OCTOBER 31 2013
Race Equity Issues
Work to address Race Equity Issues has
You may have read or heard about some of the
reports yesterday and today regarding race equity,
specifically a disproportionate number of non-white students
enrolled in Special Education in the Schenectady City School
District. The release from the Office of Civil Rights on
Wednesday was an announcement of a voluntary resolution.
It’s important to provide clarity as sometimes vital points get
lost in translation. OCR did not sanction the district.
The office was acknowledging that Schenectady had already
identified and addressed critical issues, actions that are
pleasing to OCR. Additionally,
we want you to know that our teachers care deeply about all of
our students and there is no implication that our staff is
intentionally discriminating against any students.
The notice we received from OCR was a
pleasant communication offering applause to the work that we are
doing. “The Department is pleased to be releasing a press
release regarding this compliance review this afternoon,” wrote
the Office of Civil Rights on Wednesday. “This voluntary
resolution agreement would not have been possible but for your
support and commitment to improve services for students with and
without disabilities, and English Language Learners in your
We want to provide clarity and make you aware
that prior to the media announcements, we had already identified
disparities and had a thorough plan in place which is currently
being implemented. OCR is aware that we have been
working to address any and all race equity issues and continue
to do work to change the systems. Superintendent Larry
Spring talks about the importance of this often and with great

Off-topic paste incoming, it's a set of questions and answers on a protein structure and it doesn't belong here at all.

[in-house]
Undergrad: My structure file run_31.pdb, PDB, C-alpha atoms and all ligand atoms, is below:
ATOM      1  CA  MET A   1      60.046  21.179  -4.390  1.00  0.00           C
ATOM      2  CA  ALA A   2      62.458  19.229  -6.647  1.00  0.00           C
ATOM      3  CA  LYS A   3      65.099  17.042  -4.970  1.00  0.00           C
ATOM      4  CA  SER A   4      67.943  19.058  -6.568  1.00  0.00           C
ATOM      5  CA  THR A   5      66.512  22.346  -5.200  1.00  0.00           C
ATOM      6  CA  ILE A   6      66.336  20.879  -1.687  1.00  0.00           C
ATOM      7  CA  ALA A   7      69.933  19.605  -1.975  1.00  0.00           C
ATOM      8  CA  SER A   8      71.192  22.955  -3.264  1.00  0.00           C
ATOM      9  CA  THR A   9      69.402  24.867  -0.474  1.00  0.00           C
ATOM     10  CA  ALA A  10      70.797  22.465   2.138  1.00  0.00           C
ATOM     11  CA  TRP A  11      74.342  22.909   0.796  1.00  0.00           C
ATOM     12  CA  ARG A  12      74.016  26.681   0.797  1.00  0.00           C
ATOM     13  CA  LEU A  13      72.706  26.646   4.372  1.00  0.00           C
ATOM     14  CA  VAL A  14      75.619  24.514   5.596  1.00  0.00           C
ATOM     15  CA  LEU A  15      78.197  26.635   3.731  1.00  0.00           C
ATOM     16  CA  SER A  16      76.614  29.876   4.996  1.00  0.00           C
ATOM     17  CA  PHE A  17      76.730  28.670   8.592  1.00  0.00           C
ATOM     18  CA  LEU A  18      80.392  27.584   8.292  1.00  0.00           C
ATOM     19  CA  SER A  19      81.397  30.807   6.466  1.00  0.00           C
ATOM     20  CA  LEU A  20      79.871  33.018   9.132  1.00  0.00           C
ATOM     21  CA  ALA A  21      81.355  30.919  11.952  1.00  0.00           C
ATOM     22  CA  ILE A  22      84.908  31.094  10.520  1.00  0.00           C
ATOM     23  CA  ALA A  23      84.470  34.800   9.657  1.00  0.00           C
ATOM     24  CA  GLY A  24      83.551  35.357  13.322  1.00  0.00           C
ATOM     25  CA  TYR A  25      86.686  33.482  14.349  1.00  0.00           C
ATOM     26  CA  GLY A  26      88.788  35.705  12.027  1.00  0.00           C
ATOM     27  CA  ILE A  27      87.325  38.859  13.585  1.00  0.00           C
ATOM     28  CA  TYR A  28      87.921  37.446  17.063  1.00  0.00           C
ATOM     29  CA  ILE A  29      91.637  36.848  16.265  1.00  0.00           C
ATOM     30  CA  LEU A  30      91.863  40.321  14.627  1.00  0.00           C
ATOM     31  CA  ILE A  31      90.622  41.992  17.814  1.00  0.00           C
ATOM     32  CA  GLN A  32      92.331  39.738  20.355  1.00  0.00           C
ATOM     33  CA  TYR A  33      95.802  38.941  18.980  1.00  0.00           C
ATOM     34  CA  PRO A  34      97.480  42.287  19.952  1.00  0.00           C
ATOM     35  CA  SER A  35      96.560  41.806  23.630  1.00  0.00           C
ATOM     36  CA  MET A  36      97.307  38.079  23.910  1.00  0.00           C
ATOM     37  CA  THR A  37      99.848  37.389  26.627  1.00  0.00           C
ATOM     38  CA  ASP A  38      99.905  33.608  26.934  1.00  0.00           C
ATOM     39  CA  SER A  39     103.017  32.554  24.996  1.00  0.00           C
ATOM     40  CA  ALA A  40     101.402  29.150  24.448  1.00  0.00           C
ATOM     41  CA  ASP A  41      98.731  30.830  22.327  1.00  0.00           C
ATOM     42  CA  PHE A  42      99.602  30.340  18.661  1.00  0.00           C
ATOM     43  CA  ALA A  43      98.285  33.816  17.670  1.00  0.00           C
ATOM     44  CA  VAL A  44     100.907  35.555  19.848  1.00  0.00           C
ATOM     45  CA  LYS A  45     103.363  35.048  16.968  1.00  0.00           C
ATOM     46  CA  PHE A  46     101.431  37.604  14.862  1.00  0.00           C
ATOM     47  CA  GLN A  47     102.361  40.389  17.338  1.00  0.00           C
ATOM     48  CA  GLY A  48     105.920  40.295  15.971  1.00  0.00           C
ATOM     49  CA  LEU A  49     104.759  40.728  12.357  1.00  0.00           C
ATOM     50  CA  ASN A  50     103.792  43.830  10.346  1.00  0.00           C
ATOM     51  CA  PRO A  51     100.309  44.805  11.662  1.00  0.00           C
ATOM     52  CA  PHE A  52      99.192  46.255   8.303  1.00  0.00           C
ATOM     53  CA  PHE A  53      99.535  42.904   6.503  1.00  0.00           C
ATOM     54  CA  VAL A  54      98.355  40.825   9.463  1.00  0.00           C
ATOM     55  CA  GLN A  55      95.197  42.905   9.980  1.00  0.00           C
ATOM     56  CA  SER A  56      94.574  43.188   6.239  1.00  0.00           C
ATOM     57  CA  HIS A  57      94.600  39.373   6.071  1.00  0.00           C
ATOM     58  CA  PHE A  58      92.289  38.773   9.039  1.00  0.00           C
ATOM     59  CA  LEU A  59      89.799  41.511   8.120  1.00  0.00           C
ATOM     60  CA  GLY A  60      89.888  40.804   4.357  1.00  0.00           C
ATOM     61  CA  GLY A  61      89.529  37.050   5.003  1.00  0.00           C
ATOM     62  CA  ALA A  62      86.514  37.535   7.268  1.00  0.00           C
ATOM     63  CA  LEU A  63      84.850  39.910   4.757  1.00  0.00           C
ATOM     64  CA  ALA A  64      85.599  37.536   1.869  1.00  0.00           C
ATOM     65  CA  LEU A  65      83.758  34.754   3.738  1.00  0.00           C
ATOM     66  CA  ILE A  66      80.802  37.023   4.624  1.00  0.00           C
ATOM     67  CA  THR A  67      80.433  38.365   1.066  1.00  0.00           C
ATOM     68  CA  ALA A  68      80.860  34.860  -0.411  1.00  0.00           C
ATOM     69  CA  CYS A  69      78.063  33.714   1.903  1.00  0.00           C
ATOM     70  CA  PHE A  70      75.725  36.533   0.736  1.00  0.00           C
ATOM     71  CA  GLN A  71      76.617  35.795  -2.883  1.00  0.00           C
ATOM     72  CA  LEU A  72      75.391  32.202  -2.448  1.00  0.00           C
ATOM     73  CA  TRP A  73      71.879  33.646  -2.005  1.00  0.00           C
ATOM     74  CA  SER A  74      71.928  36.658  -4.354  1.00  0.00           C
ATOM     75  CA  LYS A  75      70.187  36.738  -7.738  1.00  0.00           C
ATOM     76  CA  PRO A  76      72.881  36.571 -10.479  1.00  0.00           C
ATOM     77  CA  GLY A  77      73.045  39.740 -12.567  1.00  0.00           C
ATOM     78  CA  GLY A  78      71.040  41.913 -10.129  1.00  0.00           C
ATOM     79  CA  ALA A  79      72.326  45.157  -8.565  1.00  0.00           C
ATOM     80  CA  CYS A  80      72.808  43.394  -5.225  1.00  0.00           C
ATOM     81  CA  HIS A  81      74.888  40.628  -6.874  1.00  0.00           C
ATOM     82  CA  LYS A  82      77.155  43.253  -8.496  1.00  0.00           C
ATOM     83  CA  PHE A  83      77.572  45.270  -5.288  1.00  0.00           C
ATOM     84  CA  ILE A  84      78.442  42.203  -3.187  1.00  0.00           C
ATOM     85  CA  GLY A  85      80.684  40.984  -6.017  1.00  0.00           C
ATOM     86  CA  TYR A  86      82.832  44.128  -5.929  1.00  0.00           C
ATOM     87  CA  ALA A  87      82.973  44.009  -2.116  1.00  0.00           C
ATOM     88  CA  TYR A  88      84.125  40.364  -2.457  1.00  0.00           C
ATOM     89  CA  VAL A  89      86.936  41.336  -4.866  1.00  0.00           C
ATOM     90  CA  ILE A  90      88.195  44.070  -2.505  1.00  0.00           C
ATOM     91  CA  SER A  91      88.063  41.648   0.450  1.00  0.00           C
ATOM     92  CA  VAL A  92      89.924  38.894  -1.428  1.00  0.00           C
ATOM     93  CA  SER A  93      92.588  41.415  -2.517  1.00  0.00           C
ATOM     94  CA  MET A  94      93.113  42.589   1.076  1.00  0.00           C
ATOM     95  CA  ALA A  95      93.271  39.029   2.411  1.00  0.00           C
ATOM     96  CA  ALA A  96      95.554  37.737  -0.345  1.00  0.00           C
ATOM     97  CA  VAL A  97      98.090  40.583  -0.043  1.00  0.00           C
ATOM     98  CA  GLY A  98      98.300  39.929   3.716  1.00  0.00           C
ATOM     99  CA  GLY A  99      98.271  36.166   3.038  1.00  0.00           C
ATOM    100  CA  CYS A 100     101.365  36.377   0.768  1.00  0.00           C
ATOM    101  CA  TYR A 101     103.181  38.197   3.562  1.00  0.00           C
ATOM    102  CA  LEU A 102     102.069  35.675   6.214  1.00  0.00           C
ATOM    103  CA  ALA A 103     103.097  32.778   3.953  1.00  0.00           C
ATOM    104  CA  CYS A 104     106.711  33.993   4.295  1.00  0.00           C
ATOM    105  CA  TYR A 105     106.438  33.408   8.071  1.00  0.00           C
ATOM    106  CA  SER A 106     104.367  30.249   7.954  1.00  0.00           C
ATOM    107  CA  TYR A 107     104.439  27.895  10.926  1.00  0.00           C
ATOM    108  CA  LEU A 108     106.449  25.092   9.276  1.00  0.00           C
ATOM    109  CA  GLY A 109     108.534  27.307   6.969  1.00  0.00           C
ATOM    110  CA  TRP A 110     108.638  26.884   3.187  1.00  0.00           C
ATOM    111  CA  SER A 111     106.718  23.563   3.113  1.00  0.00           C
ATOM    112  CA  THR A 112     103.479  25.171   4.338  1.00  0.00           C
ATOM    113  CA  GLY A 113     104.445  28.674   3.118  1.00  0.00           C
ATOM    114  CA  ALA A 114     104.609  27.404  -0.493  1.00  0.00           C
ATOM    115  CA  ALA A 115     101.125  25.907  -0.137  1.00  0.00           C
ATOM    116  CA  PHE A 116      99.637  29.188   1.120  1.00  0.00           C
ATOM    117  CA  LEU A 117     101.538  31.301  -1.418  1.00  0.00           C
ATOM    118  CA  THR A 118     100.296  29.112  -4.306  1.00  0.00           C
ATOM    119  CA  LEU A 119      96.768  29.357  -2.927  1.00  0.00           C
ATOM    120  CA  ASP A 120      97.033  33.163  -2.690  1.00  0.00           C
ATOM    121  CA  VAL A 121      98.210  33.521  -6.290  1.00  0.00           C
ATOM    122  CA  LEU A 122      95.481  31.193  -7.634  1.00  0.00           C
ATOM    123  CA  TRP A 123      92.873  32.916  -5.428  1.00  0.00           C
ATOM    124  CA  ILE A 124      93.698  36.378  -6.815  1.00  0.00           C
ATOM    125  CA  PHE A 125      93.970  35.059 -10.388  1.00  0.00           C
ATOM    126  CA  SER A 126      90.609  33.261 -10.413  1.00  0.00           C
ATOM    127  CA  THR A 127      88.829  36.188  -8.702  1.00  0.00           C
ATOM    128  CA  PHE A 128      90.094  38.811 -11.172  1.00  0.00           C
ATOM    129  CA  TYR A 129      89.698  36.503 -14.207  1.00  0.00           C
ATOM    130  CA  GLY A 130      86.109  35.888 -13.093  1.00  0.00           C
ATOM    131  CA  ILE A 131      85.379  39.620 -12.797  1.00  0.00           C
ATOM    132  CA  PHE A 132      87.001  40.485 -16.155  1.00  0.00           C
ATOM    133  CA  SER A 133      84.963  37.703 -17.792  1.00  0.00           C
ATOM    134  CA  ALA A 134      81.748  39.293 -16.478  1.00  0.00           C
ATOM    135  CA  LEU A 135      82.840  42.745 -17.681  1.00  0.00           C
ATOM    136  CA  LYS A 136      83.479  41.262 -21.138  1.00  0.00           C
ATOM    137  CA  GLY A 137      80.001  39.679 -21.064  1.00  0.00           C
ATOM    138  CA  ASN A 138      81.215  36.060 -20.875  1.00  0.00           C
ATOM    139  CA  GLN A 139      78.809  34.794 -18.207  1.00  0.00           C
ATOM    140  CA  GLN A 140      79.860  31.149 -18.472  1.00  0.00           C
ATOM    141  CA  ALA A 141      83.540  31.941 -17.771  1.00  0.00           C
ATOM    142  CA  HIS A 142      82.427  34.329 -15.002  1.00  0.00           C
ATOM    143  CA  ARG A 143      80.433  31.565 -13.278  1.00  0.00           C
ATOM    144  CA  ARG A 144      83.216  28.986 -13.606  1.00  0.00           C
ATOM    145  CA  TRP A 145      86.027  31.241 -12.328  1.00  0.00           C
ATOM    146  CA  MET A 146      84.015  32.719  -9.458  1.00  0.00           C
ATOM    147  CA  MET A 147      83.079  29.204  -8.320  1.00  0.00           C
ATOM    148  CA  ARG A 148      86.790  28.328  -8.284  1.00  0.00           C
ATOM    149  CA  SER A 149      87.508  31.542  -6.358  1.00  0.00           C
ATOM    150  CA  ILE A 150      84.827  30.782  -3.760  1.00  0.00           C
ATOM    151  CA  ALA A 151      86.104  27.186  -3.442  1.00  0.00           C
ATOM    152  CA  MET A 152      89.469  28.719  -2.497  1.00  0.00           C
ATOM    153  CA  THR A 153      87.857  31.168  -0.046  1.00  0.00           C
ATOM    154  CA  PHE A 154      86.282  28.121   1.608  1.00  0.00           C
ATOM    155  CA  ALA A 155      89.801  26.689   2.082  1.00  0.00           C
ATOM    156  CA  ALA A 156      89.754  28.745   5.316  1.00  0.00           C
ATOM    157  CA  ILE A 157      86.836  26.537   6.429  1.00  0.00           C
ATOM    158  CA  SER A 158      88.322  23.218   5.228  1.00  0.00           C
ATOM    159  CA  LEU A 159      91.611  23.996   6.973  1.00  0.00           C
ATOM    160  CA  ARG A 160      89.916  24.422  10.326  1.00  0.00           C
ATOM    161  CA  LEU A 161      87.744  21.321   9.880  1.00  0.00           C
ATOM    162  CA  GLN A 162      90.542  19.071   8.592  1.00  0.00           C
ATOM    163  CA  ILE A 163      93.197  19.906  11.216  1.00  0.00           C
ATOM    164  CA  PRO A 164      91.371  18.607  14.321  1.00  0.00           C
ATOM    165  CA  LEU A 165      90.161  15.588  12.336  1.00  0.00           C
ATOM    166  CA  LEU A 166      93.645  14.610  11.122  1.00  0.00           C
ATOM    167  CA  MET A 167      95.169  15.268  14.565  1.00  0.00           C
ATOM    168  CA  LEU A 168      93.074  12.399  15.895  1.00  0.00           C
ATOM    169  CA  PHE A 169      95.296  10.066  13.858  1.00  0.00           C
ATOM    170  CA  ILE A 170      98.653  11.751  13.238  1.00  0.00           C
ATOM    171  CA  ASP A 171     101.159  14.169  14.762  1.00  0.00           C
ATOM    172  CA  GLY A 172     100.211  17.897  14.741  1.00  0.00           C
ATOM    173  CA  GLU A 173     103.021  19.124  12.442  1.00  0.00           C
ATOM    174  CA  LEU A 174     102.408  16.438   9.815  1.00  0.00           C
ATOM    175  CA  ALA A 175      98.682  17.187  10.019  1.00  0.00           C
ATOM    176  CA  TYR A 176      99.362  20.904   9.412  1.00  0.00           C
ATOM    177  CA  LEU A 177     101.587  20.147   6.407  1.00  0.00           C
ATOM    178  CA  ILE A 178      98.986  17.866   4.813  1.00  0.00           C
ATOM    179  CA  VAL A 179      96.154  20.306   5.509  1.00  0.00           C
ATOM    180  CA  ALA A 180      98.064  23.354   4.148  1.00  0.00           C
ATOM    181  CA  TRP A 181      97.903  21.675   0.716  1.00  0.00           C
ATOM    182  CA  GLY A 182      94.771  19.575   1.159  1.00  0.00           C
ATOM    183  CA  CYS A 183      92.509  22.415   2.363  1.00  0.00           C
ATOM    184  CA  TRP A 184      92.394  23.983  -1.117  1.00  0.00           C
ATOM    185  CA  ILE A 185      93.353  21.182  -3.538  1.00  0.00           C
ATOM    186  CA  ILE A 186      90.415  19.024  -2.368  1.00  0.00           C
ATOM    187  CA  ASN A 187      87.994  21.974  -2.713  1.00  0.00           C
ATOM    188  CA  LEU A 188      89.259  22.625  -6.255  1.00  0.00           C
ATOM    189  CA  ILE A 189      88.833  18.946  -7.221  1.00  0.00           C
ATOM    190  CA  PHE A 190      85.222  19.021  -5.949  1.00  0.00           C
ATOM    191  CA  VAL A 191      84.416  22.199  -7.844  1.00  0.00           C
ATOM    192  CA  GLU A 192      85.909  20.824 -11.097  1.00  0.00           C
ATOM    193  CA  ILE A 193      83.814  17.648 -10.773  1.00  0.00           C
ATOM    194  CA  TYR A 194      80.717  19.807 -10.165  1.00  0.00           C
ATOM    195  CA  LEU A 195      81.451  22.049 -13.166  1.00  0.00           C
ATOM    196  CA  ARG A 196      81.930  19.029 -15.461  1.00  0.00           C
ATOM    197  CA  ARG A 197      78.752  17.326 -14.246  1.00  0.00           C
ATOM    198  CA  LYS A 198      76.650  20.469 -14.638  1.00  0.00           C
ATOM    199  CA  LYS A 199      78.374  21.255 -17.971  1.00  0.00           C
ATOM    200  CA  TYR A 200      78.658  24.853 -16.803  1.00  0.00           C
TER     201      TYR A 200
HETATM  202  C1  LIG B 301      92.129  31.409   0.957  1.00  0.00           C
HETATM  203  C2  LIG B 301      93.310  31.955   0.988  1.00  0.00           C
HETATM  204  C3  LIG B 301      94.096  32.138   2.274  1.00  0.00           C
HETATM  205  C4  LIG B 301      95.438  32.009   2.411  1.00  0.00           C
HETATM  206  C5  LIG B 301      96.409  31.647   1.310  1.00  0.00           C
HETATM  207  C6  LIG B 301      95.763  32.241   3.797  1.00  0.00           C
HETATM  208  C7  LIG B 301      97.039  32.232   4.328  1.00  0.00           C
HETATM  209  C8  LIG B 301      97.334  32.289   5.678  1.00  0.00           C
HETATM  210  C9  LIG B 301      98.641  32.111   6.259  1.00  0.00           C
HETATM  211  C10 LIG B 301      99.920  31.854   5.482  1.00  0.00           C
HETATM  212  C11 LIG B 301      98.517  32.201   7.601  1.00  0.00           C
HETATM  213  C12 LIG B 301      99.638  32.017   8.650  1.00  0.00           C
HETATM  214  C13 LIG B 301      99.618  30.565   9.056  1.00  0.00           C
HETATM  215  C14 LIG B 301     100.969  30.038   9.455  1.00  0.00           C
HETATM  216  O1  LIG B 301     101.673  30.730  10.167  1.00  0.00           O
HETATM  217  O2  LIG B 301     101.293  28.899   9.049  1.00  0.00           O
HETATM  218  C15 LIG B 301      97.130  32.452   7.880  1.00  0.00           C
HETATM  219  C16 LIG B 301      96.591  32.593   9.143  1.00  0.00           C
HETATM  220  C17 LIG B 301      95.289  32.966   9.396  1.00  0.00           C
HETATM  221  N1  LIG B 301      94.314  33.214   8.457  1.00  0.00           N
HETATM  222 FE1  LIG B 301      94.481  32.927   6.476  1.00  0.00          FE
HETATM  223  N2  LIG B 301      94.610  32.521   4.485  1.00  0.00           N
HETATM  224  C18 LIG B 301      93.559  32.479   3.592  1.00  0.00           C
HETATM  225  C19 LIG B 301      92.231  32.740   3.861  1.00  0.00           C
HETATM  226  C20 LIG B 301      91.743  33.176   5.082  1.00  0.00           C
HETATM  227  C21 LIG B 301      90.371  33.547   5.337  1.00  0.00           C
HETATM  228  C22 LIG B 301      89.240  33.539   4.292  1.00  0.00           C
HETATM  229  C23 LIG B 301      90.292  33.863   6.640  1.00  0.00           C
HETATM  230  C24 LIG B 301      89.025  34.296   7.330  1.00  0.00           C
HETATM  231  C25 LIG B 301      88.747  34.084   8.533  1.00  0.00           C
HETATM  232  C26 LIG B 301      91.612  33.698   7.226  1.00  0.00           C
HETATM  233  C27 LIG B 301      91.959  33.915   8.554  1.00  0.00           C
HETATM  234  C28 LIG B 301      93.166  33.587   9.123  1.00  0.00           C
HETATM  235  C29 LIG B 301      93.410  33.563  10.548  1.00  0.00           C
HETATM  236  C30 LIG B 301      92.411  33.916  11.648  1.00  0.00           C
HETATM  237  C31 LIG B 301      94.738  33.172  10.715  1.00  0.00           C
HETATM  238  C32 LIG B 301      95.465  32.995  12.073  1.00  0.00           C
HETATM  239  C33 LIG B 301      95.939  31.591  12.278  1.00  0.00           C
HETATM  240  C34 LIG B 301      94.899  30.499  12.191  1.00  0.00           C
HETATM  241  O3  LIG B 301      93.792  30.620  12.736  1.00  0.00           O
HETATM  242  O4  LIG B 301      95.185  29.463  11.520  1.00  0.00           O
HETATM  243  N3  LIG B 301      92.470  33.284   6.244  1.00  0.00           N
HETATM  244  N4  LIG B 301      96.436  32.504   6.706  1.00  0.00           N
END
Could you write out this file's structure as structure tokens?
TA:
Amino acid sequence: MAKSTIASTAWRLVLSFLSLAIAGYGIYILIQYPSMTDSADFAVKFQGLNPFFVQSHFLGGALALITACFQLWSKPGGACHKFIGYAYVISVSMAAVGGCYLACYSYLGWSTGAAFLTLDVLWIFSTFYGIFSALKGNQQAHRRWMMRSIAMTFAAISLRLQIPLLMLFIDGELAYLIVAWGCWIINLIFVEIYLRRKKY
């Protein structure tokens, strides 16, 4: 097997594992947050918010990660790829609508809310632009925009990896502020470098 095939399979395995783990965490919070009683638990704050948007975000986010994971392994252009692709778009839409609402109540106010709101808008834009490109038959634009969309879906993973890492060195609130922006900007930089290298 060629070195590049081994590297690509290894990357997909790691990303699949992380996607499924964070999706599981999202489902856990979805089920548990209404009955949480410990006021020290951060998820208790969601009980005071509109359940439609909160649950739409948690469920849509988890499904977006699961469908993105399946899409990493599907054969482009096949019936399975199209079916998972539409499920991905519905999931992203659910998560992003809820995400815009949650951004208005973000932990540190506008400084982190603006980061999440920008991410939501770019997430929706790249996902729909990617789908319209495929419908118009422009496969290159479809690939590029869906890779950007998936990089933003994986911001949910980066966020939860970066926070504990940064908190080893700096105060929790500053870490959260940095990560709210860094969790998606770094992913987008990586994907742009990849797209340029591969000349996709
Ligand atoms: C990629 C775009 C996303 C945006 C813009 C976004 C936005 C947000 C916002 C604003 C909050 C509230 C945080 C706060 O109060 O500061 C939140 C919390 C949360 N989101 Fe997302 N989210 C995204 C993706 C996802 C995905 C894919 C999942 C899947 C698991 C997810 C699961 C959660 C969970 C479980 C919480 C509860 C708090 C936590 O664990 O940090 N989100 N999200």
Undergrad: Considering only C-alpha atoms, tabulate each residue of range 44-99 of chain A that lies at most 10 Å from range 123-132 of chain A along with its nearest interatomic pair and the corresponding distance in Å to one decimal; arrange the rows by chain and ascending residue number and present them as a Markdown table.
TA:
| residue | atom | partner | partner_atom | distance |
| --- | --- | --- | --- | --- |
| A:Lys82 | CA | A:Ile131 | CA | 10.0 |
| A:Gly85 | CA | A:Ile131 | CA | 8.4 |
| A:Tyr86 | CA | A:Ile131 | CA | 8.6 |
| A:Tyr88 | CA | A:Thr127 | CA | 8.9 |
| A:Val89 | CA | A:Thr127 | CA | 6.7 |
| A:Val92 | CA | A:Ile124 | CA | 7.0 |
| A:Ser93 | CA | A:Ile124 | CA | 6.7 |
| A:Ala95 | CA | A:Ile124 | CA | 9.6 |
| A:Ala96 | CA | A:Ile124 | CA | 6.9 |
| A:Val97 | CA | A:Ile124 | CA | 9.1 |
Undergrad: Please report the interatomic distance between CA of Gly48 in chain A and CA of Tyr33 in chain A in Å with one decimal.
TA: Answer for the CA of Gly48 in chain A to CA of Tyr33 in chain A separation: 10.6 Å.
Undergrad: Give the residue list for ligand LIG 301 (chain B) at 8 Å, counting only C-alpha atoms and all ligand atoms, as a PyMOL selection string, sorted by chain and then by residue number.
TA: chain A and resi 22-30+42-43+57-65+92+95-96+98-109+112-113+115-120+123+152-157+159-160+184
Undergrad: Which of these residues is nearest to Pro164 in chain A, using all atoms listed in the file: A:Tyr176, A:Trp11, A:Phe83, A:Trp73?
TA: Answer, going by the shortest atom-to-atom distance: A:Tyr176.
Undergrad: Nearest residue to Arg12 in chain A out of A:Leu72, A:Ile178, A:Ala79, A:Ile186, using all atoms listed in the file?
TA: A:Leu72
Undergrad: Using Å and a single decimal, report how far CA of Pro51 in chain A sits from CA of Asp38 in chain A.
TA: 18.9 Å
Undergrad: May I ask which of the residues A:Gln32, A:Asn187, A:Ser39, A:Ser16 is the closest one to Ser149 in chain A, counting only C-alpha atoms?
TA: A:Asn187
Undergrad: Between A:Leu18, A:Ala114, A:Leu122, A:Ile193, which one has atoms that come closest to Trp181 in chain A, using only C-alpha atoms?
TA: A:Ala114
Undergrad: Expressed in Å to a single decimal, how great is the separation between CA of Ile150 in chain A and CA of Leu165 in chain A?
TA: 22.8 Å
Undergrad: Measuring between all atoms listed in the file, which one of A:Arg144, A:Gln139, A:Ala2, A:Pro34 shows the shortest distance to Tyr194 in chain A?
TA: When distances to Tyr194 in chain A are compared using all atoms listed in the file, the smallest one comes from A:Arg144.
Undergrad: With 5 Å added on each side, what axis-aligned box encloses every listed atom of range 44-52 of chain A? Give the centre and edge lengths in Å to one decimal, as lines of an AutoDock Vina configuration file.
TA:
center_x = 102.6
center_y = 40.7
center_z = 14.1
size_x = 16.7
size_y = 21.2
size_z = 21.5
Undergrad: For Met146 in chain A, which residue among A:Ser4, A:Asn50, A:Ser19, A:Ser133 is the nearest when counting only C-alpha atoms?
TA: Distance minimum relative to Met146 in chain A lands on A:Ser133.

Spring said it’s important to point out that
Schenectady has the finest teachers.
“Our students are fortunate to have the teachers we have
here,” said Spring.
He said that while teachers are not consciously treating
non-white students differently, sometimes cultural differences
do come in to play.
“Oftentimes, cultural differences in behavior
can be difficult to mediate,” said Spring.
“The reality is that every teacher wants all of his
students to be successful.
They look to special education when they are out of
strategies and need additional help.
Generally, teachers don’t see special education as a bad
Spring said this is not a criticism of the
teaching staff. “It
means we have to do more to recognize the different cultures and
value that students bring to school and to help them learn how
to change contexts and be successful at school without
abandoning their sense of self,” he added.
While the superintendent acknowledges that
the district has taken huge steps to address race equity, he
admits there is work to do.
Spring is adamant and continues to stress that this work
won’t end. Equity has become the cornerstone of every decision
made within this district.
“We have a competent, very talented, teaching
staff here,” said Spring.
“I am certain that each of our teachers want to ensure
that every student achieves success.
We have to implement a system that provides training,
resources and help to do that.”
The plan that we have instituted is beyond
what is mandated. It is that plan which led to a
Resolution Agreement as opposed to some notion of a sanction.
“The Department of Education applauds your
commitment to steadily improving the equitable provision of
regular education interventions and special education
interventions to your students,” wrote OCR.
“Yes, we still have much work to do but we
will continue on the path,” said Spring. “I can’t stress
enough the importance of equity. We must ensure that
race, economics and disability are not predictors for academic
achievement. Anything otherwise, is unacceptable.”
If you have questions or would like to
discuss this topic with Superintendent Spring, please call
370-8100 X-40107. It is very important that you have the